The present study characterized the relationship between Seoul virus infection and aggression among natural populations of male and female Norway rats and sought to uncover the mechanisms mediating this relationship. We hypothesized that adult male rats with wounds, an indicator of aggressive behavior, would be more likely to be infected with Seoul virus than would males with no wounds. Also, because adult males are more likely to engage in aggression than either adult females or juvenile males, the relationship between wounding and infection may be more pronounced among adult males than among either females or juvenile males. If wounding is the primary mode of infection, then animals with wounds may be more likely to shed virus, an indicator of an acute infection, than rats with no wounds. We further hypothesized that Seoul virus may cause increased aggressive behavior by infecting cells in areas of the brain associated with aggression (e.g., hippocampus, hypothalamus, amygdala, and cingulate cortex). Alternatively, if Seoul virus does not cross the blood-brain barrier in adult rodents,24–26 then infection may alter aggression through effects on endocrine glands and hormones (e.g., testosterone and corticosterone) that relay chemical signals to the central nervous system.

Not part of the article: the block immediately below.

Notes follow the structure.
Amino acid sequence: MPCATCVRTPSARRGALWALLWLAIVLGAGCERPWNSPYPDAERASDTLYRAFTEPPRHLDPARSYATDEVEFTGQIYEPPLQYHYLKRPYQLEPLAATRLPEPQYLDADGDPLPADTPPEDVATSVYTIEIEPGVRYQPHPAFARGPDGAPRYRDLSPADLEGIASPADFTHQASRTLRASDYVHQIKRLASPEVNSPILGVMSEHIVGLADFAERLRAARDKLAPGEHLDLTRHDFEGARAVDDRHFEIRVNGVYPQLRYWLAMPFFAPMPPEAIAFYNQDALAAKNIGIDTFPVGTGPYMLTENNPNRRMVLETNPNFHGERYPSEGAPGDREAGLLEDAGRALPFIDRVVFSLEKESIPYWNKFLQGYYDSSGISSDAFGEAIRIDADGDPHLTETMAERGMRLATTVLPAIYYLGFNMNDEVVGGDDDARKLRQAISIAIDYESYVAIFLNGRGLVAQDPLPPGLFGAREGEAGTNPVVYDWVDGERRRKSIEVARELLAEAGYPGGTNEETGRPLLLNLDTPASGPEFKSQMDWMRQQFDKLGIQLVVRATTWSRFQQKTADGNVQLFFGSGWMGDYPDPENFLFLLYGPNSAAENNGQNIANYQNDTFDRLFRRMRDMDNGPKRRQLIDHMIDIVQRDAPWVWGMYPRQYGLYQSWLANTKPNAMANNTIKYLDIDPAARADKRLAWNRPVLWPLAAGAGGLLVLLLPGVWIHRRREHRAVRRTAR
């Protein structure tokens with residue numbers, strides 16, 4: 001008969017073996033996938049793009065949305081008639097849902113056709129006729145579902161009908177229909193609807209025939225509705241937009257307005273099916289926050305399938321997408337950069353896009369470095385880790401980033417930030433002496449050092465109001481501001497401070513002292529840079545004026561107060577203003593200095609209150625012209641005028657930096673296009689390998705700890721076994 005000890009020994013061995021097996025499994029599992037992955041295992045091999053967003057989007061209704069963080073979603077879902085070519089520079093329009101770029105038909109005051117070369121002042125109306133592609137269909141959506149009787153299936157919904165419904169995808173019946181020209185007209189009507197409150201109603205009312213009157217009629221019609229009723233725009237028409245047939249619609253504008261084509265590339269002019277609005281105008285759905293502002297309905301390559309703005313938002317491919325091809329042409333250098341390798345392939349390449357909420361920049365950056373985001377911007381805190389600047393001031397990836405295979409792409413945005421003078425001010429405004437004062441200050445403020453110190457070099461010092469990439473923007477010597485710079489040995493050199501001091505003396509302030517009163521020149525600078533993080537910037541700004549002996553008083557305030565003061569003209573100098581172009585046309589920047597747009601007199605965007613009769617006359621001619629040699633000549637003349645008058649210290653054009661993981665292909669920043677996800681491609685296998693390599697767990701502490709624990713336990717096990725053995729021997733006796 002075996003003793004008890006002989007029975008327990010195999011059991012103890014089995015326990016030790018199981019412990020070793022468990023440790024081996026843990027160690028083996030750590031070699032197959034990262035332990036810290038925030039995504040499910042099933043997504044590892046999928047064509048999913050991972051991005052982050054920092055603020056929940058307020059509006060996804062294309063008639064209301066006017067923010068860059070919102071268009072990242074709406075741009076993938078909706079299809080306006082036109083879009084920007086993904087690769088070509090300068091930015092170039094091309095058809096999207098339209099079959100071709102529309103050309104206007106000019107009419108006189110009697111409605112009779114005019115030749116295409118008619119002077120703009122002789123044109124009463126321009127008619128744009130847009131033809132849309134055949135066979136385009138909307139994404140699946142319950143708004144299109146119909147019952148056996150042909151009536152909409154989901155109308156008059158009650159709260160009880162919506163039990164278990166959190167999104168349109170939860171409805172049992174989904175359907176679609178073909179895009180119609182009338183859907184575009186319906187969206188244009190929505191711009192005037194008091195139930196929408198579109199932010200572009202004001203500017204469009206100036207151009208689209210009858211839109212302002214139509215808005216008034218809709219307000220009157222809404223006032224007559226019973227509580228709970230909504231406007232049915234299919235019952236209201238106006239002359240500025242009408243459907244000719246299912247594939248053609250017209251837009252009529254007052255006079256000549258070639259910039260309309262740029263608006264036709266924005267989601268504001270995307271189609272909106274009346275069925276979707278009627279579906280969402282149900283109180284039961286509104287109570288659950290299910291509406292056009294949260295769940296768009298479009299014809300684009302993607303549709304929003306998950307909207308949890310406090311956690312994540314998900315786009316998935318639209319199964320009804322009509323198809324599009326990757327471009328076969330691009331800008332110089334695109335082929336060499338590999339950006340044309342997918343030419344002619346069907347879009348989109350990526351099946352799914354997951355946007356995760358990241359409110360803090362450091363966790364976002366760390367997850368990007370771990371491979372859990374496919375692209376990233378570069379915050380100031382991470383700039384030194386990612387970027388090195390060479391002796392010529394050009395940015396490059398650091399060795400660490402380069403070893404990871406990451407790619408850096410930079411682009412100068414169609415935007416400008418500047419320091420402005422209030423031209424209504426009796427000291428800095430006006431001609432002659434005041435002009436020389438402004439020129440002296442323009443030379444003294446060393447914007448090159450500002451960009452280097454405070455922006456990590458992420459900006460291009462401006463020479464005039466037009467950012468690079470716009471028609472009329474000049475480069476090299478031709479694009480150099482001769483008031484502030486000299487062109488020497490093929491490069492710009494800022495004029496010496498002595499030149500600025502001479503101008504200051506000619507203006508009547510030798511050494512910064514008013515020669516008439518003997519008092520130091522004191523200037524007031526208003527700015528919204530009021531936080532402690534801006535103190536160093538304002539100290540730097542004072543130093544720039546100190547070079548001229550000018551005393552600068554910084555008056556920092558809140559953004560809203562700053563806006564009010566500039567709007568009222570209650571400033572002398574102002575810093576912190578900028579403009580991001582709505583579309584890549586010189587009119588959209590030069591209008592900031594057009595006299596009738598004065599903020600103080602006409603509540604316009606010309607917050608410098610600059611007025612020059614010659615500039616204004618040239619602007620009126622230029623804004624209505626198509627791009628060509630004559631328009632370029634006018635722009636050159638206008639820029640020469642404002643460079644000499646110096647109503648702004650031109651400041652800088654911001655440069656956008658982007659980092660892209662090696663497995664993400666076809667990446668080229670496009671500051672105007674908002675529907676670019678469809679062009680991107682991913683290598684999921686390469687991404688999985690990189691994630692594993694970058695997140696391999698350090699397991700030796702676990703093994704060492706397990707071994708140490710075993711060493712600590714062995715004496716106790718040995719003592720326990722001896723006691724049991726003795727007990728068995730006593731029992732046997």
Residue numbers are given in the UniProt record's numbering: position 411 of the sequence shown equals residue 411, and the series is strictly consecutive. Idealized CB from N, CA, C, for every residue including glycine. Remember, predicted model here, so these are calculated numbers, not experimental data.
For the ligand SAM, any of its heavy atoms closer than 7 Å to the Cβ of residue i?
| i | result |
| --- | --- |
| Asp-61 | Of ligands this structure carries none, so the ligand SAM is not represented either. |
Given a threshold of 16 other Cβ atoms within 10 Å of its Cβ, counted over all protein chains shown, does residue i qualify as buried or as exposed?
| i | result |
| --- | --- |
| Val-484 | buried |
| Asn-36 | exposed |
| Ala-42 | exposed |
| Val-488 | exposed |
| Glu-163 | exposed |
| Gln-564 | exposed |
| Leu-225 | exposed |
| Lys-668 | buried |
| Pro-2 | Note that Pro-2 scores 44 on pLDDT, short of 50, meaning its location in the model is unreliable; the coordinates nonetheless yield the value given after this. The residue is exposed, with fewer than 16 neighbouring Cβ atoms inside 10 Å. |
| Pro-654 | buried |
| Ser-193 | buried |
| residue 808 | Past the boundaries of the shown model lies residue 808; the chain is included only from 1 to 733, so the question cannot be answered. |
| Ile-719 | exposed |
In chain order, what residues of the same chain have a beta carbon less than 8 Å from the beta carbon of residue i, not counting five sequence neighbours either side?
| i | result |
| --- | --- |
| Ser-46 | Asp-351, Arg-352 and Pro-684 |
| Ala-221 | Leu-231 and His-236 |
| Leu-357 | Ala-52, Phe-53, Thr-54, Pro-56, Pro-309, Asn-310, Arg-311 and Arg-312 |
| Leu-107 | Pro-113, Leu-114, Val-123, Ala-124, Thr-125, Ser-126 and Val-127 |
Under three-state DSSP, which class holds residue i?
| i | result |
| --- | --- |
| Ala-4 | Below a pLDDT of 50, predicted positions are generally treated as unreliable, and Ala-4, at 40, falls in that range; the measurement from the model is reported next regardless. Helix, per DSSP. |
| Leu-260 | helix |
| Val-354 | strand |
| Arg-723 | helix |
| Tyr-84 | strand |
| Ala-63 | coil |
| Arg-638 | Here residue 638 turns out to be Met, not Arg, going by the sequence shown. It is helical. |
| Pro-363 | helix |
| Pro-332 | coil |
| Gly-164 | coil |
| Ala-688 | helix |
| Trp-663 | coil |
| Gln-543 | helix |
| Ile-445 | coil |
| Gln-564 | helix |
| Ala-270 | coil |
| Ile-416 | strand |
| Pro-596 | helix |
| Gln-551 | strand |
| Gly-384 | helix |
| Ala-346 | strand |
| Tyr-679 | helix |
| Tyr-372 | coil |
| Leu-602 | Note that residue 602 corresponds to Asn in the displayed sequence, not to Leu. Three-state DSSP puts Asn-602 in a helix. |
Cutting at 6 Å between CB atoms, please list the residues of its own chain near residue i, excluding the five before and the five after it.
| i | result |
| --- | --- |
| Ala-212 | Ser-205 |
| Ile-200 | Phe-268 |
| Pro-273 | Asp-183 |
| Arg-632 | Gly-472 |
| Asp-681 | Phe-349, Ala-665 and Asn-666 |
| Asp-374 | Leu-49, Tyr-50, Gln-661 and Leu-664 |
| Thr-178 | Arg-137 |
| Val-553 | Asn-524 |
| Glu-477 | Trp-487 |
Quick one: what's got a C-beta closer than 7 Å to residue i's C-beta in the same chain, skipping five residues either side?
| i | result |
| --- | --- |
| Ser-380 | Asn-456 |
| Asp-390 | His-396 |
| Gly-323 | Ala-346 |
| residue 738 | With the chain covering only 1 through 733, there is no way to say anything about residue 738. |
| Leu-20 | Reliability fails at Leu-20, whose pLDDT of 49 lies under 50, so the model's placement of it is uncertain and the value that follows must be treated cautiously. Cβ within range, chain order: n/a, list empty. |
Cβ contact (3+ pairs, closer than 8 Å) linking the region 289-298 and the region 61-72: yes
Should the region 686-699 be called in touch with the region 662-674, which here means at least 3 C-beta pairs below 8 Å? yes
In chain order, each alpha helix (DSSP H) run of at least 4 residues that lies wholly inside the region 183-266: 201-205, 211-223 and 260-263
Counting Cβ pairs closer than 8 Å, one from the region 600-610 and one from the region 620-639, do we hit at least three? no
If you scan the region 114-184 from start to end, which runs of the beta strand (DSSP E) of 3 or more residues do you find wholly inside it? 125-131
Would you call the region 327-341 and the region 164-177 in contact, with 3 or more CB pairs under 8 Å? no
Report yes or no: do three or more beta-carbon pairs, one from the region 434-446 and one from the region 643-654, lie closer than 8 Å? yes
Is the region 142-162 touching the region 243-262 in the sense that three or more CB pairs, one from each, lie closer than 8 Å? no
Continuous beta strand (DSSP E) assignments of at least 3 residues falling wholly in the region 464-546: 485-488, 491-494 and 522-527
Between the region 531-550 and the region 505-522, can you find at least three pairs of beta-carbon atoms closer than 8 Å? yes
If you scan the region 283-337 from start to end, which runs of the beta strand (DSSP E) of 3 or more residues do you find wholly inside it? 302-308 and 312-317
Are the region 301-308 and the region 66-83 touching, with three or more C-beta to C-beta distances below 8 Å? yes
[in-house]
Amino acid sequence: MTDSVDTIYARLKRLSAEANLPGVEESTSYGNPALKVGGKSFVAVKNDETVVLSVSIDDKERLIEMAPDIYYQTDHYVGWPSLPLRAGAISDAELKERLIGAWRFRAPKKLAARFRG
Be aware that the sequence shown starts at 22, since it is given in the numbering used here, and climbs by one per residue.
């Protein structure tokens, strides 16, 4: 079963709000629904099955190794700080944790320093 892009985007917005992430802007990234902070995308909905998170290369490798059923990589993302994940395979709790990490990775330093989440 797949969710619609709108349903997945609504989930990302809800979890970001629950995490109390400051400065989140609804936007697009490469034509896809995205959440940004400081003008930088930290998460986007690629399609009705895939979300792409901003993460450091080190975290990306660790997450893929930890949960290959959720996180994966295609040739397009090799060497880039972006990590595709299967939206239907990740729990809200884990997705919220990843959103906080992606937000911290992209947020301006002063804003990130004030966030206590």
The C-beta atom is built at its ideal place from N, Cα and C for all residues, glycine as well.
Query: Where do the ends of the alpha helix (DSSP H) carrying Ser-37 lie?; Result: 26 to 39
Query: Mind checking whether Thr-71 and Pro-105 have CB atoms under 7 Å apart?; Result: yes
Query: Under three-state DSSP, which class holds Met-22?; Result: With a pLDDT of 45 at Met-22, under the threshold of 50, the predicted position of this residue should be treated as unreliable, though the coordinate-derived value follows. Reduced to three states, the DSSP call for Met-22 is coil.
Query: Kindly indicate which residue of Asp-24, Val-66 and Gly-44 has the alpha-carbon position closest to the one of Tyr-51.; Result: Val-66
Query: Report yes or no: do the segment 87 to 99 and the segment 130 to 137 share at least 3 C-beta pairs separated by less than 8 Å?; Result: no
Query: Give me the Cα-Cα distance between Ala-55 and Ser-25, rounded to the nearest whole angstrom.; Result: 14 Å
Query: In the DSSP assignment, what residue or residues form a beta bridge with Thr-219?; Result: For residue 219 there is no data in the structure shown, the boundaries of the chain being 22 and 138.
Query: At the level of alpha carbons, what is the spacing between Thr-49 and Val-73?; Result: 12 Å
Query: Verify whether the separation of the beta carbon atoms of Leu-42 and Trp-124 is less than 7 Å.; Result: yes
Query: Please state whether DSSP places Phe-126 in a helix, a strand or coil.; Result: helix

MATERIALS AND METHODS

Wild-caught animals.

Adult male and female R. norvegicus were live-trapped (Tomahawk Trap Co., Tomahawk, WI) from several locations in Baltimore, Maryland.27 Rats were trapped from September 2001 to May 2003. All trapping locations were in urban residential areas where rats were trapped in alleys behind dwellings. Traps were baited with peanut butter, set at locations approximately 1–2 hours before sundown, and left for 3–4 hours or overnight, depending on weather conditions. All rats remained in traps overnight and were processed the next morning (i.e., < 12 hours after trapping). The Johns Hopkins Animal Care and Use Committee (protocol no. RA02H150) and the Johns Hopkins Office of Health, Safety and Environment (registration no. A9902030102) reviewed and approved all procedures described in this study.

Procedure.